Pew: U.S. Settled More Refugees in 2017 Than Any Other Nation

Syrian refugee Morad Alteibawi, left, talks to his 4-year-old daughter, Roma, as his wife Ola Alteibawi listens to United Nations Ambassador Samantha Power speaks at Seton Hall University, Wednesday, Jan. 13, 2016, in South Orange, N.J. Power said the president's foreign policy has successfully engaged foes and galvanized allies to …
AP/Julio Cortez

The United States settled 33,000 refugees in 2017, significantly more than any other country in the world, the Pew Research Center revealed in a report this week.

The country settling the next highest number of refugees last year was Canada, which settled 20 percent fewer than the U.S. (27,000), followed by Australia (15,000) and the United Kingdom (6,000). Sweden, Germany, Norway, and France each resettled about 3,000 refugees, Pew found in its analysis Thursday of new data from the United Nations High Commissioner for Refugees (UNHCR).

Historically, the United States has taken in the lion’s share of refugees, and since 1980 has settled some three quarters of the more than 4 million refugees resettled worldwide. In 2017, U.S. refugee resettlement accounted for nearly a third (32 percent) of all refugees resettled throughout the world.

The Pew report noted that global resettlement of refugees saw a significant decrease in 2017, dropping from 189,000 refugees resettled in 2016 to 103,000 refugees in 2017. Despite its own sharp one-year decline in refugee resettlement—from 97,000 to 33,000—the U.S. still managed to resettle more refugees (33,000) than any other country.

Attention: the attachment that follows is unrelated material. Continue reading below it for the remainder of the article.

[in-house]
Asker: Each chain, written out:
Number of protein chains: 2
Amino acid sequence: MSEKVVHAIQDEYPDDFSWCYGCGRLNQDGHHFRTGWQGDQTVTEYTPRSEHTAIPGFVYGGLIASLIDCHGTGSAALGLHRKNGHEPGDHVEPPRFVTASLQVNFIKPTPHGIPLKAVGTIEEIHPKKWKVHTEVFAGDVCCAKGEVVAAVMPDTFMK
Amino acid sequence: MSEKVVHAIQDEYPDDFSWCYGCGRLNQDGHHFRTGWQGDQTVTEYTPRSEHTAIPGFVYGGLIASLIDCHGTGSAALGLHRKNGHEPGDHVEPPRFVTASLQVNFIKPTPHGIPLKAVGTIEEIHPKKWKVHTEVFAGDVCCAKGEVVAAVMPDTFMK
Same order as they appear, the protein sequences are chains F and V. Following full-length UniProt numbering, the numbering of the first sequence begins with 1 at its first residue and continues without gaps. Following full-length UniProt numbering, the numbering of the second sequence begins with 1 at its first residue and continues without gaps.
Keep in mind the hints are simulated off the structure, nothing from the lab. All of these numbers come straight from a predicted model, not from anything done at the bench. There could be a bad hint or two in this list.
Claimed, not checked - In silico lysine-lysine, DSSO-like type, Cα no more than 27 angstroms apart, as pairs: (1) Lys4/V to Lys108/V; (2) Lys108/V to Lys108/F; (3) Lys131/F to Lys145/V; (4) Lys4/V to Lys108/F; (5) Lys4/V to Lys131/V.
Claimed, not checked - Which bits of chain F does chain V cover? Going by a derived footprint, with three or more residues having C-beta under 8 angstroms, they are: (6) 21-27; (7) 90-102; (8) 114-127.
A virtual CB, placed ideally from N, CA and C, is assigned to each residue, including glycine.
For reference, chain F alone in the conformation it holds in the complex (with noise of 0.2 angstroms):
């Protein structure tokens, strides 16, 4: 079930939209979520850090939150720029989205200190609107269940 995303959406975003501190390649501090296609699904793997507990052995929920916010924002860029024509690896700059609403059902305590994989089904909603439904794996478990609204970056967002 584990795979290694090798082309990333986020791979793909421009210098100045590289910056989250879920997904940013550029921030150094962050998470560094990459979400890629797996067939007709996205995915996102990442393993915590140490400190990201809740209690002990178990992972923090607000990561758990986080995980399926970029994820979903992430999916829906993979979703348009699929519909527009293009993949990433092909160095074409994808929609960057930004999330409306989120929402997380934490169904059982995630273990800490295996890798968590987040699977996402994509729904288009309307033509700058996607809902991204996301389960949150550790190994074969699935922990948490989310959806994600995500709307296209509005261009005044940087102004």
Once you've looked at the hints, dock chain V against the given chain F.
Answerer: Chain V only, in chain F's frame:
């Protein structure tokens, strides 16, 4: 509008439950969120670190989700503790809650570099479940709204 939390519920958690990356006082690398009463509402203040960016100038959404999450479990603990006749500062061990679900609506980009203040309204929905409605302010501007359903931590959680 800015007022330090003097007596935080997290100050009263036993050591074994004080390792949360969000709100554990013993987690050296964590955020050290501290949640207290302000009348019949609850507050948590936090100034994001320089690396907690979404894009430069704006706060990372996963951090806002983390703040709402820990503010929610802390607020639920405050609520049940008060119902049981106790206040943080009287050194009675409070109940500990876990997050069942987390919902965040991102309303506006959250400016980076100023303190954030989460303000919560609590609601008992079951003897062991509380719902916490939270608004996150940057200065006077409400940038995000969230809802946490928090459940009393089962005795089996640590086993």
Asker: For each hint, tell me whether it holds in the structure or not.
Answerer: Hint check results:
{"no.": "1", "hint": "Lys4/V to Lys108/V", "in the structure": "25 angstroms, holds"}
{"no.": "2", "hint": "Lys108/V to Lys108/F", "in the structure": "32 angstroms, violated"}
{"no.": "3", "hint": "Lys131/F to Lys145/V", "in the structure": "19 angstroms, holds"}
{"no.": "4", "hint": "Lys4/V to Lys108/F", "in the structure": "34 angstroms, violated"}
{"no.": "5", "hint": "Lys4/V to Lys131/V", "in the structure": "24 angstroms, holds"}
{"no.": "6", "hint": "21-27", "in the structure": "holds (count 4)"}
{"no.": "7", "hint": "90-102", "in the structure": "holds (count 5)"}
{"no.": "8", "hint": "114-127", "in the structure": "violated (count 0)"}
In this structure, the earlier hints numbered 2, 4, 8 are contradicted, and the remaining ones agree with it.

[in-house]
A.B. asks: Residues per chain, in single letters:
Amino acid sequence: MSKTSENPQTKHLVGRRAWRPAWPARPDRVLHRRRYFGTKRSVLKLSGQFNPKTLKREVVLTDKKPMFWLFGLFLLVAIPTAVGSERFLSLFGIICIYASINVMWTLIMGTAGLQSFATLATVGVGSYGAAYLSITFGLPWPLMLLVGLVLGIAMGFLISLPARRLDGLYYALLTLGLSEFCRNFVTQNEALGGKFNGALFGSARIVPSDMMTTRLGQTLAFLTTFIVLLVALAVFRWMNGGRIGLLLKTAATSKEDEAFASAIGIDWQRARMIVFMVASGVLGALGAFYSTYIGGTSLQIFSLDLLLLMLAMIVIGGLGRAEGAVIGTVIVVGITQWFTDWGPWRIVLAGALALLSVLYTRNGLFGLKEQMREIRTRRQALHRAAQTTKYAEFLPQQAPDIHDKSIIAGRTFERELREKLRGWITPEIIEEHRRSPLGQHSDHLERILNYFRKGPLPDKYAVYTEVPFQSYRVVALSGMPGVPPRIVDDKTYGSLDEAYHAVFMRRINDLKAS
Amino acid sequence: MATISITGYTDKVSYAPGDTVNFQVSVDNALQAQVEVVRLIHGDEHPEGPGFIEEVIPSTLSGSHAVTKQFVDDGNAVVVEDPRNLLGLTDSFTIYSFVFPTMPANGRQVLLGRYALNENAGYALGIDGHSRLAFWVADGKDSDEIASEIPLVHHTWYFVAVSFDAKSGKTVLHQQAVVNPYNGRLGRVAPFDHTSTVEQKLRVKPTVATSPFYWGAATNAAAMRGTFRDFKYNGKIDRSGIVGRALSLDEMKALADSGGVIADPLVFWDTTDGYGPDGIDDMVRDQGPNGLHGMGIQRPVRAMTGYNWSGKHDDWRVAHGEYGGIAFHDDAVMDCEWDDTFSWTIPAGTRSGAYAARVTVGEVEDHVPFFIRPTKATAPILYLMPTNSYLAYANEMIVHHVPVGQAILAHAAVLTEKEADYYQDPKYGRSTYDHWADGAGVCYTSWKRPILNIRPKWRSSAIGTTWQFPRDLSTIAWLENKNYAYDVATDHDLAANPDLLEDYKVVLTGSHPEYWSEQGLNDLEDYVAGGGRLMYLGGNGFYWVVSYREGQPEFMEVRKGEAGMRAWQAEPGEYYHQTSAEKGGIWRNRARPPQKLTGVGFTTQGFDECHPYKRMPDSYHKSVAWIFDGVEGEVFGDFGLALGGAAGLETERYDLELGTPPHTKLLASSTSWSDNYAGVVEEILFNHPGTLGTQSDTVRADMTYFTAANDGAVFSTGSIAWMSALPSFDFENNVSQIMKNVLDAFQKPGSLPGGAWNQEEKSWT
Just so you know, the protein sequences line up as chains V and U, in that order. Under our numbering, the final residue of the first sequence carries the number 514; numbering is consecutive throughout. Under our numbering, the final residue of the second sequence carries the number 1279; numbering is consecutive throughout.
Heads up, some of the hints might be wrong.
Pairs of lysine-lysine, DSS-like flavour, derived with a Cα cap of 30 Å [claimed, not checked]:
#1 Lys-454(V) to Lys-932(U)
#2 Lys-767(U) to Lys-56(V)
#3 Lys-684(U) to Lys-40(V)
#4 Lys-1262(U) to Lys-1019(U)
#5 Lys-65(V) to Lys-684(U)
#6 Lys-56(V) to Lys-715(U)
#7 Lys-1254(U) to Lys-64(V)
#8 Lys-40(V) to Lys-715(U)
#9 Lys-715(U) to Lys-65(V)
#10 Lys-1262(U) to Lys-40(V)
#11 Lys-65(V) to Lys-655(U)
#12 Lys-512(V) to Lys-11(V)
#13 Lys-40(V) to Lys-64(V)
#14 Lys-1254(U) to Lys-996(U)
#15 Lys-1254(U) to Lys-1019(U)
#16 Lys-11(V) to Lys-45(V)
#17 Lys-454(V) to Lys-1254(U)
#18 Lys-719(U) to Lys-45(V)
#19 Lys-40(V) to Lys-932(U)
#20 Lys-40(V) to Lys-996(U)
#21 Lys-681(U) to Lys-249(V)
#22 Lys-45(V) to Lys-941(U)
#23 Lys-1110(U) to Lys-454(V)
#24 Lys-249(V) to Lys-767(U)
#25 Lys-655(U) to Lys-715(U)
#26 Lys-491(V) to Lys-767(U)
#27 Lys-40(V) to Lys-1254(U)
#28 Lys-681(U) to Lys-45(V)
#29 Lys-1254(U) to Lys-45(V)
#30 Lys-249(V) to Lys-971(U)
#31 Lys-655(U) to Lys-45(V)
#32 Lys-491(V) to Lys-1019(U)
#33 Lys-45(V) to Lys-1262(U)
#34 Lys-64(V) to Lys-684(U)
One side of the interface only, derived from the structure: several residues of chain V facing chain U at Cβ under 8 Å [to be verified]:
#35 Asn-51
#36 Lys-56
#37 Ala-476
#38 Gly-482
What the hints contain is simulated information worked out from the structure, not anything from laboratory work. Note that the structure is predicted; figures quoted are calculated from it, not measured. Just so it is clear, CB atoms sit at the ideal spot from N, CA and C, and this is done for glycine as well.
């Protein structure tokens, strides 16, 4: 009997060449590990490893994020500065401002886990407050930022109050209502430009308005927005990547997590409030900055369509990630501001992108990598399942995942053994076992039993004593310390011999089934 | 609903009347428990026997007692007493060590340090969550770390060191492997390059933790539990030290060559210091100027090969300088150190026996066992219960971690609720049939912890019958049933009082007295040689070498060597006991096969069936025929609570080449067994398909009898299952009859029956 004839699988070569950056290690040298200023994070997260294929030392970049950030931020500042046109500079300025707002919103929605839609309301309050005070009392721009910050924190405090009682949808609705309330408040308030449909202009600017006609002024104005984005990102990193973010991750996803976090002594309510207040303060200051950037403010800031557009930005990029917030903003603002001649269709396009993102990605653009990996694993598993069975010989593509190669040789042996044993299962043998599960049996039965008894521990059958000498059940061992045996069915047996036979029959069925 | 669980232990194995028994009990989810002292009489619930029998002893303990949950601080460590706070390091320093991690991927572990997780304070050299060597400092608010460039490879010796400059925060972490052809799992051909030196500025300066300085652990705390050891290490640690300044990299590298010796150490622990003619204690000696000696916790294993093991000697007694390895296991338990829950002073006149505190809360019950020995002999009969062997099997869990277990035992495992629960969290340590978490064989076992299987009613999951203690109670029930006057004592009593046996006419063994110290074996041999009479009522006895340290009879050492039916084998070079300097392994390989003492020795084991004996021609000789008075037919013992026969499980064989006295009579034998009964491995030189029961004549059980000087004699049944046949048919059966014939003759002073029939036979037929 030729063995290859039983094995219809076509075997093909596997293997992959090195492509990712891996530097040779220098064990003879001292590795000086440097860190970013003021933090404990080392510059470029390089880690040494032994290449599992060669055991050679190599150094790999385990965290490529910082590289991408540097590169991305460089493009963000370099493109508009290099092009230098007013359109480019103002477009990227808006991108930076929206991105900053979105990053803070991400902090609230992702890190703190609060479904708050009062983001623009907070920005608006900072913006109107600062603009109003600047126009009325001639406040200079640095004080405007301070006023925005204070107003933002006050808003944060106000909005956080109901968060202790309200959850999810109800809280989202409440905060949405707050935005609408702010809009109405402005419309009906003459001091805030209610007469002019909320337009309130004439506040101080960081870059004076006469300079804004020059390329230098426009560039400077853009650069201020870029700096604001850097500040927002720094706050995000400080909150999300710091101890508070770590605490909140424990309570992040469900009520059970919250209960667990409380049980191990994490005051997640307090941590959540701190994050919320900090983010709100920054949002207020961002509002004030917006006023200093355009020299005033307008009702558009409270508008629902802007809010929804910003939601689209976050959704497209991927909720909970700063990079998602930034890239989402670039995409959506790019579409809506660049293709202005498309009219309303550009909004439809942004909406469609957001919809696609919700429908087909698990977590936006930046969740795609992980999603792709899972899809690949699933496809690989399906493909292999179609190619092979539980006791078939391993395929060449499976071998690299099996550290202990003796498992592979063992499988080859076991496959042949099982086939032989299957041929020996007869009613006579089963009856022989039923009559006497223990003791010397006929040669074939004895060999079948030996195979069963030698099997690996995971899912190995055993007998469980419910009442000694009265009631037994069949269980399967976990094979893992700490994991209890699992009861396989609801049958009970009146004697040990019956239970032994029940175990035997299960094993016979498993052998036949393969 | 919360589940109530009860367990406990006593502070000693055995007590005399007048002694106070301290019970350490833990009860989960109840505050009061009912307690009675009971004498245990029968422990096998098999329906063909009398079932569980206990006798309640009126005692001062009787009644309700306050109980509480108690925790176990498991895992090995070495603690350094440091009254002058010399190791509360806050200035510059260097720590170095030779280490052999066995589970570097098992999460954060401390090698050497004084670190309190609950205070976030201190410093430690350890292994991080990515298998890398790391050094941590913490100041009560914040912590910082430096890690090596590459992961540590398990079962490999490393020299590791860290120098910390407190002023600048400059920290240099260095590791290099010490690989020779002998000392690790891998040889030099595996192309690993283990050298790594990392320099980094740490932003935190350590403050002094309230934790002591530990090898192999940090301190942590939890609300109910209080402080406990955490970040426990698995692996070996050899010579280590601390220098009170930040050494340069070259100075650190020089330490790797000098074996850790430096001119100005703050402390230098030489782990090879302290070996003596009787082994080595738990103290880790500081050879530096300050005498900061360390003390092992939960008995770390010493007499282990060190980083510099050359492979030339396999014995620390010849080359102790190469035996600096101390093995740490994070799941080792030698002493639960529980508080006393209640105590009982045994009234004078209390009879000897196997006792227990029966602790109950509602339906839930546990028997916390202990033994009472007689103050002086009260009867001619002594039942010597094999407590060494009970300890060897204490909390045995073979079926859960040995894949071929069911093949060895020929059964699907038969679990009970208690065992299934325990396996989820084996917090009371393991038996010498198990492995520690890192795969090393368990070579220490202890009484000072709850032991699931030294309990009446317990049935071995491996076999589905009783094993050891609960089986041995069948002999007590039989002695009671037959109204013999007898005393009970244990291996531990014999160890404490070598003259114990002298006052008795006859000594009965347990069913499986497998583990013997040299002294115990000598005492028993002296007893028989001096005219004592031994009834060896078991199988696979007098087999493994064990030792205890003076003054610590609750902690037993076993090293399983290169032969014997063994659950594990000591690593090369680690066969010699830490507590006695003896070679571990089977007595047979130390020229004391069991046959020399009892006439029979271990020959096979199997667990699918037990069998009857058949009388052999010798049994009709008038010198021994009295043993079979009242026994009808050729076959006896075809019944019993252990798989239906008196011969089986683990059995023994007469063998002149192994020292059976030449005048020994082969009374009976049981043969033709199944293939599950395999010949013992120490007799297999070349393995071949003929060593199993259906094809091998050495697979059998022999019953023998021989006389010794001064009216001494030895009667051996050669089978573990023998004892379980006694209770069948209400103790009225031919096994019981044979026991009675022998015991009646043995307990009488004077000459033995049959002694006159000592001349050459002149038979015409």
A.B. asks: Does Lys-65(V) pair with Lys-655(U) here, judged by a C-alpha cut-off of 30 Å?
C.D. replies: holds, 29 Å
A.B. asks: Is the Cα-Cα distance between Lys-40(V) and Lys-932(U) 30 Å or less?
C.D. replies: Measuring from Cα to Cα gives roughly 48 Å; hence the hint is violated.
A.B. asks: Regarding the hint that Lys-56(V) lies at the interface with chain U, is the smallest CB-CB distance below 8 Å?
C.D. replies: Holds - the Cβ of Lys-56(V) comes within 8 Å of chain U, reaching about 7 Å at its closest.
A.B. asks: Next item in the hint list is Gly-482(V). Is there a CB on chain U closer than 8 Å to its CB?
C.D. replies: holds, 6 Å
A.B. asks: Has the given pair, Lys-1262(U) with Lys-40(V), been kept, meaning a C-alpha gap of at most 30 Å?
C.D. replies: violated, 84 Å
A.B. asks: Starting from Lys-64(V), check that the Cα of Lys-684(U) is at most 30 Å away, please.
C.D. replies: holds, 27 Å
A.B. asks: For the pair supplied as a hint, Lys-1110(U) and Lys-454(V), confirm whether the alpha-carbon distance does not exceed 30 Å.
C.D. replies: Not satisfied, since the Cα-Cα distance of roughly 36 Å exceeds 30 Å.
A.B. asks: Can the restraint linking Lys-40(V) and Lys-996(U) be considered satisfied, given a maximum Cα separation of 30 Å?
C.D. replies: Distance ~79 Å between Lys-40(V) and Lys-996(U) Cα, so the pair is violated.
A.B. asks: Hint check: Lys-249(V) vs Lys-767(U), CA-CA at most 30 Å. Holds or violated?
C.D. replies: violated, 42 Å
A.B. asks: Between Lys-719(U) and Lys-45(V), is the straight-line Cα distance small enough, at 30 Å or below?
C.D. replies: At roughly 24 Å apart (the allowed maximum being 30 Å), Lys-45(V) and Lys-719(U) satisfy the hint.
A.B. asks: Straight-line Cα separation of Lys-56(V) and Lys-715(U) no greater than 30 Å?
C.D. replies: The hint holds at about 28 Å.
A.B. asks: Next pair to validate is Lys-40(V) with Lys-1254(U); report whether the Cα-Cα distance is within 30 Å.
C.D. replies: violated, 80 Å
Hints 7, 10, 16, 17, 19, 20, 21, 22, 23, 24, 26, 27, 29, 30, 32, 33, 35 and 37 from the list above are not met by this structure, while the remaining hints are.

While the decline in refugee resettlement included decreases in other leading countries such as Canada and Australia, the number of refugees resettled in the United States decreased more than in any other country in 2017.

Until this year, the United States has always resettled more refugees each year than all the other countries in the world combined, Pew noted.

Refugee resettlement refers to a very specific group of migrants, Pew said, namely those who enter their destination country after obtaining legal permission to do so, having applied for refugee status while in another country. It does not include other sorts of migrants or asylum seekers.

According to UNHCR, the global refugee population reached a record 19.9 million in 2017, growing by 2.75 million over the previous year.

Only about a third of the 68.5 displaced persons in the world (2017) are refugees, with the majority being internally displaced people (IDPs) who have been displaced within their home country. The number of IDPs reached about 40 million in 2017.

Regarding countries of origin, Pew noted that more than half (56%) of refugees resettled worldwide came from nations in the Middle East-North Africa region, mostly from Syria. Roughly a quarter (23 percent) were from sub-Saharan Africa, and another 15 percent were citizens of Asian countries.

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